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11

Decrypt the ciphertext with every possible key and store the result: $2^{56}$ decryptions. Now encrypt the (known) plaintext of the ciphertext with every possible key: $2^{56}$ encryptions. Now you have to check every entry, which is in both lists and try it with another plaintext-ciphertext pair. If you can successfully decrypt that, you are very likely to ...


5

Here are some hints on how it's done on Mega: The password provided is passed through a KDF to derive a key, that is used to en-/decrypt the master key (later provided by the server through an API call). To bring it down to the crucial bits: The KDF applies $2^{16}$ rounds of AES-128 with it. The details can be found in the function prepare_key() of the ...


3

Simply put: No. First recall that this is a mis-use of the term "One Time Pad" So lets call it a vigenere cipher instead. You can determine this is insecure with a simple algebraic combination: $ \text{attack} = cipher_1 + cipher_2 + cipher_3 + cipher_4 \\ \text{Simplify: } \\ \text{attack} = character_1 + key_1 + IV_1 + character_2 + key_2 + IV_1 + ...


2

Key generation and key scheduling are different things. The key scheduling is part of the cipher, the key generation generally isn't. Symmetric keys should be indistinguishable from random, so often they are the product of a secure random number generator. There are other ways as well, such as derivation from a password using a Password Based Key Derivation ...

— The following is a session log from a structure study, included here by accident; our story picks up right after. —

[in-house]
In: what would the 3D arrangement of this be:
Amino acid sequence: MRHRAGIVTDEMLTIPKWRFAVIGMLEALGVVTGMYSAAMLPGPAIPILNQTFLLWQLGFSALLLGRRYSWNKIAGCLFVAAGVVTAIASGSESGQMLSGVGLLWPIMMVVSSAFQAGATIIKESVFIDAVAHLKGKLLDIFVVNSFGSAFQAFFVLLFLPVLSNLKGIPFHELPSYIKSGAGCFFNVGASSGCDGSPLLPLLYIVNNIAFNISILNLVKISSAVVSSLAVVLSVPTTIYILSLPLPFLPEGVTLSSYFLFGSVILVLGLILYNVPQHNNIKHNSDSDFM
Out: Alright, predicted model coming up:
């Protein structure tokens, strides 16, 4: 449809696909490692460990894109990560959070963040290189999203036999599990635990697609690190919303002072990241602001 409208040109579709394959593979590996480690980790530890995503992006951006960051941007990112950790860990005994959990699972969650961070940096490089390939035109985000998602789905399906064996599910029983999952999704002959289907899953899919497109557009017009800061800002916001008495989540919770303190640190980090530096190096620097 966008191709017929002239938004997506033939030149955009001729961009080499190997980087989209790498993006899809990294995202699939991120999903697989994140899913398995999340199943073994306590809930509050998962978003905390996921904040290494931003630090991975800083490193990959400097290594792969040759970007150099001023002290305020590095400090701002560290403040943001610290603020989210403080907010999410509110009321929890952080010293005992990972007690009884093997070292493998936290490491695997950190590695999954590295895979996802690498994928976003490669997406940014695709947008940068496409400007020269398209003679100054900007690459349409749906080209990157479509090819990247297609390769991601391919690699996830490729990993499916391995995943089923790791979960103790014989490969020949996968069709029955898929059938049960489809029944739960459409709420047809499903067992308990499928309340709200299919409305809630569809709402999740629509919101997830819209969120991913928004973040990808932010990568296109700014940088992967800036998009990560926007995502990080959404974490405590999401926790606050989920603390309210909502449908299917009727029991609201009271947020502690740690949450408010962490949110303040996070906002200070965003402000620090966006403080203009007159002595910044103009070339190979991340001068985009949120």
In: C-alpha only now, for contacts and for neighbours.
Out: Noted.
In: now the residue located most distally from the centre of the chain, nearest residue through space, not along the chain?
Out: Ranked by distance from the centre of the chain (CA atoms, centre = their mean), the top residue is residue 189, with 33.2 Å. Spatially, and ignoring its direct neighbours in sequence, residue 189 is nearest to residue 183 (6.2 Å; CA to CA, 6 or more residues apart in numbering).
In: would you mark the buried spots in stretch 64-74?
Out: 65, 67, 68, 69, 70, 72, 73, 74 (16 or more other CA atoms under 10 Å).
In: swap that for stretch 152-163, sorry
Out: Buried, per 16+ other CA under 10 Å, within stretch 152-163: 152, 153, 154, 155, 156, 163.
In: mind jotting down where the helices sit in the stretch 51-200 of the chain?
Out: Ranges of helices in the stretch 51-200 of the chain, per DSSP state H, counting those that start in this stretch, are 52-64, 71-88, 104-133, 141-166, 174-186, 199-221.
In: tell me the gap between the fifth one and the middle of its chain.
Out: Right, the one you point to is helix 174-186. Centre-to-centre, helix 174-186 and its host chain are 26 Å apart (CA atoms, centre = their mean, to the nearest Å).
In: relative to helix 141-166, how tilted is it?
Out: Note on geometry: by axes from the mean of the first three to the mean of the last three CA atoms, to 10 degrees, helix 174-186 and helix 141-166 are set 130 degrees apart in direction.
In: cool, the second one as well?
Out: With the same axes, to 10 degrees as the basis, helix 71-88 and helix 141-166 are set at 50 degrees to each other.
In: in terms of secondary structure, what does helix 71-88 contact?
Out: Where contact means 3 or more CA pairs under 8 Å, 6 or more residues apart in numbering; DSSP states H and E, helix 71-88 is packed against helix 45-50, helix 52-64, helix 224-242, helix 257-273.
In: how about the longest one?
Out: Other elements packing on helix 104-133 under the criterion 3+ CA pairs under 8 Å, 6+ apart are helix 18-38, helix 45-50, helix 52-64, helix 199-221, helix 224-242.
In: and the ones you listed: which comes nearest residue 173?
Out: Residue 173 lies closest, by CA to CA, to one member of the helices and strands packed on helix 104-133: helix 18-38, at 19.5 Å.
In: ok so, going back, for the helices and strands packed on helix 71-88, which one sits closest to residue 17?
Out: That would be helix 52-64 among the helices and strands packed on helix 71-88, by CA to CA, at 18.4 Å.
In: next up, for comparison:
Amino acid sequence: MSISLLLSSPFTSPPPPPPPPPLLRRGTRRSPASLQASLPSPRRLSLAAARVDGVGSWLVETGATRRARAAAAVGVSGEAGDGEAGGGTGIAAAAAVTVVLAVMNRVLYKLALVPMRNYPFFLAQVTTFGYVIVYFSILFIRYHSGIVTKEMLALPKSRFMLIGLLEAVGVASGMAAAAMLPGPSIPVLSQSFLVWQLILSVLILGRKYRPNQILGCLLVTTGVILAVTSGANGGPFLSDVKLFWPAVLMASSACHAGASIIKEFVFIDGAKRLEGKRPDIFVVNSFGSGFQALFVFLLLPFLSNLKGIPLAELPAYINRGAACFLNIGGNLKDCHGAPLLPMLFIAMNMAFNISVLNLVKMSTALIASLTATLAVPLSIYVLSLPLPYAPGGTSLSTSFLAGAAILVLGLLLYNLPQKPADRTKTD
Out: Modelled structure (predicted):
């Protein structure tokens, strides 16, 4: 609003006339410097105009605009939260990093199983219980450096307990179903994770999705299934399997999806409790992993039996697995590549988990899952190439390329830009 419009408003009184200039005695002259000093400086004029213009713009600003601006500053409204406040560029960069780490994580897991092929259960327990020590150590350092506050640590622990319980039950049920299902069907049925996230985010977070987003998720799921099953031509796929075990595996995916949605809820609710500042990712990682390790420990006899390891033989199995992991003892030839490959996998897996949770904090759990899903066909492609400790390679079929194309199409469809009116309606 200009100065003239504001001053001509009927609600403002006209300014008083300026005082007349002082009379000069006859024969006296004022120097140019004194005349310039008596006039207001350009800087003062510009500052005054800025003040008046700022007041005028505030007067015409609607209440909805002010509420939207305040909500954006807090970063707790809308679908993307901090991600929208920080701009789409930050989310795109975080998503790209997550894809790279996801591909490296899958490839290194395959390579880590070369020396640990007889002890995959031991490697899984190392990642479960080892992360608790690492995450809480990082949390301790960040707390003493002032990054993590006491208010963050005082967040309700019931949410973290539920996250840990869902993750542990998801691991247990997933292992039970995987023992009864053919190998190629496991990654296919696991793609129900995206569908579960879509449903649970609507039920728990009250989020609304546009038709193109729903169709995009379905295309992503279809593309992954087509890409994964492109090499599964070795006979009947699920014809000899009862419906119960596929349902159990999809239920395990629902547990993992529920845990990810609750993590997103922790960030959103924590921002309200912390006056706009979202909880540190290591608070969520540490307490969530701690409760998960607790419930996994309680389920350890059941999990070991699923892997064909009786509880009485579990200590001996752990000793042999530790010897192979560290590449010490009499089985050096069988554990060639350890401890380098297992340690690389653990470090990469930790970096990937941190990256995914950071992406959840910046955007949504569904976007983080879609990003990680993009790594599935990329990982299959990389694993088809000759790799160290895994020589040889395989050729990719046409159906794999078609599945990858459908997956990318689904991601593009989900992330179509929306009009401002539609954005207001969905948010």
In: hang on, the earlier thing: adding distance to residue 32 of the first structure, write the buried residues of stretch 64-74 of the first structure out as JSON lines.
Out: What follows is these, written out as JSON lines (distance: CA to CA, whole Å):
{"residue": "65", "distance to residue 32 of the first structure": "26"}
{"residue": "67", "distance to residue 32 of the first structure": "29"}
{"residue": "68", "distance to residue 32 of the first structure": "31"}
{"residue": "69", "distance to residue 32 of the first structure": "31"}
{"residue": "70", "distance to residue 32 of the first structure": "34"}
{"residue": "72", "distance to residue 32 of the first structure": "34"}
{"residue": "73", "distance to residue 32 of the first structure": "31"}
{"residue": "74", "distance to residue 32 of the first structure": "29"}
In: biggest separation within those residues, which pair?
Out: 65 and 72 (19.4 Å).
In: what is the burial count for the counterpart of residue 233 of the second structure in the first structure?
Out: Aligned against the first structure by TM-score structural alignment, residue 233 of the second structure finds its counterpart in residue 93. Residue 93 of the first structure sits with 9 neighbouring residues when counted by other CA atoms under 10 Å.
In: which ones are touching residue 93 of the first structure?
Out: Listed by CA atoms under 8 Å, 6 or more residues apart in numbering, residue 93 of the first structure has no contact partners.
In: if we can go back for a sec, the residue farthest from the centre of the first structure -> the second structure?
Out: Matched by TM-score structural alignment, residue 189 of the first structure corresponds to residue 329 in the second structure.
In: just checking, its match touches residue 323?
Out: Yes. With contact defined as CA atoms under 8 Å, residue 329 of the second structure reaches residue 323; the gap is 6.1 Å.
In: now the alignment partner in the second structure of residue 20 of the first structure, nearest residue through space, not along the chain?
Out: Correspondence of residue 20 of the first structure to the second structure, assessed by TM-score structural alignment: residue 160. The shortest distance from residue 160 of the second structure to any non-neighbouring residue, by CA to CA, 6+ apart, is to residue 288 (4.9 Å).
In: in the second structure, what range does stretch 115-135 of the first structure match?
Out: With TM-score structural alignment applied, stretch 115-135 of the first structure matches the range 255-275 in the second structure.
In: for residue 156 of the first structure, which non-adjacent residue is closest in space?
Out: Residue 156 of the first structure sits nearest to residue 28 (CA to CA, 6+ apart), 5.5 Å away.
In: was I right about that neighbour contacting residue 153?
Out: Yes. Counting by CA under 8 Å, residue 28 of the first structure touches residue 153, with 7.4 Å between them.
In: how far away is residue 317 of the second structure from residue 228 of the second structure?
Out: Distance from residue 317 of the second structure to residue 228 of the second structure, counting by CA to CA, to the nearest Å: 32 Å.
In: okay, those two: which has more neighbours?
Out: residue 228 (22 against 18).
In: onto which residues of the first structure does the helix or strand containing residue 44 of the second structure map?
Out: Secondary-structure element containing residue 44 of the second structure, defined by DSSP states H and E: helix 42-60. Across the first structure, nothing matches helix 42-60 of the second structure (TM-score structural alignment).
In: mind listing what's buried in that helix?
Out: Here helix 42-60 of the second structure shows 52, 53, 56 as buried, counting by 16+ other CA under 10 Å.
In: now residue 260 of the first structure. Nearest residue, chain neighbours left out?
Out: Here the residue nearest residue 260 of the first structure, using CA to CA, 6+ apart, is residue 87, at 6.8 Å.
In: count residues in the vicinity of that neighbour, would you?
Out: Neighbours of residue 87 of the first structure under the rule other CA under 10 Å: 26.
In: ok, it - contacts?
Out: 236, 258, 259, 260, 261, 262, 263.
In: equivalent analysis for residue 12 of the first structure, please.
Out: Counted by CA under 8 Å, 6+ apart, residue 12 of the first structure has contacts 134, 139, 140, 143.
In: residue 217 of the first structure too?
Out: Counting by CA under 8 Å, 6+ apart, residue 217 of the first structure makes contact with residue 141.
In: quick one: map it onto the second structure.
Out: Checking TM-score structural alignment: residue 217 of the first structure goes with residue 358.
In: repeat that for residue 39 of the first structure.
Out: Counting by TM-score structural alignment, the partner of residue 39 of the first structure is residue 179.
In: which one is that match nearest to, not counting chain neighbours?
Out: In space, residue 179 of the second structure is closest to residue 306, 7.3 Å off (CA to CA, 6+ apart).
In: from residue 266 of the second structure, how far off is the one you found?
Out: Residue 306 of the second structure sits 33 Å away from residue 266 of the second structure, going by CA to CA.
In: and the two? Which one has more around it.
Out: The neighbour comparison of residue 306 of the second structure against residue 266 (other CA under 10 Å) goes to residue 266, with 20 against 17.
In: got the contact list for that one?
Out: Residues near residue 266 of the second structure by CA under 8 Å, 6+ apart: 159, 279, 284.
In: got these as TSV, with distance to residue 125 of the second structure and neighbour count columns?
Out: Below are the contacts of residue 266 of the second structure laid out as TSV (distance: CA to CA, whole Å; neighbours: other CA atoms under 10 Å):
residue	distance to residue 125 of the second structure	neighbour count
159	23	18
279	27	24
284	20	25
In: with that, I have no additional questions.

1

It seems you want some sort of anonymization, and you already jump to a conclusion with encrypting symbols. Maybe you should step away of that for a moment, and ask yourself what your actual goal is. Encryption is useful, if you want to be able to reverse that process. If you don't hashing is a better choice in general. Your set is small enough that you ...


1

First, you wouldn't call it a one-time-pad any longer if you reused the key. Second the security of the OTP can only be proven if the key is as long as the message. (which wouldn't be the case if you'd reuse a key) Third, OTP usually use XOR operation to combine key and message. If the key is never reused, you're safe, but if an attacker can mount a known ...


1

The keystream is as long as the message, so you don't want to send that to the receiver. The keystream is generated by a much shorter key (e.g., 128-bit private key). That is what the receiver needs in order to decrypt the message. So, how do you get that to the receiver? Well, clearly you can't just send it in the clear or anyone watching the channel would ...


1

Anyone who has the keystream and the ciphertext can trivially calculate the plaintext — it's a xor operation bit by bit. Sending the keystream alongside the ciphertext would completely defeat the purpose of encryption. The principle of stream ciphers is that the sender and the receiver agree on an algorithm, a secret key and some parameters, and both ...



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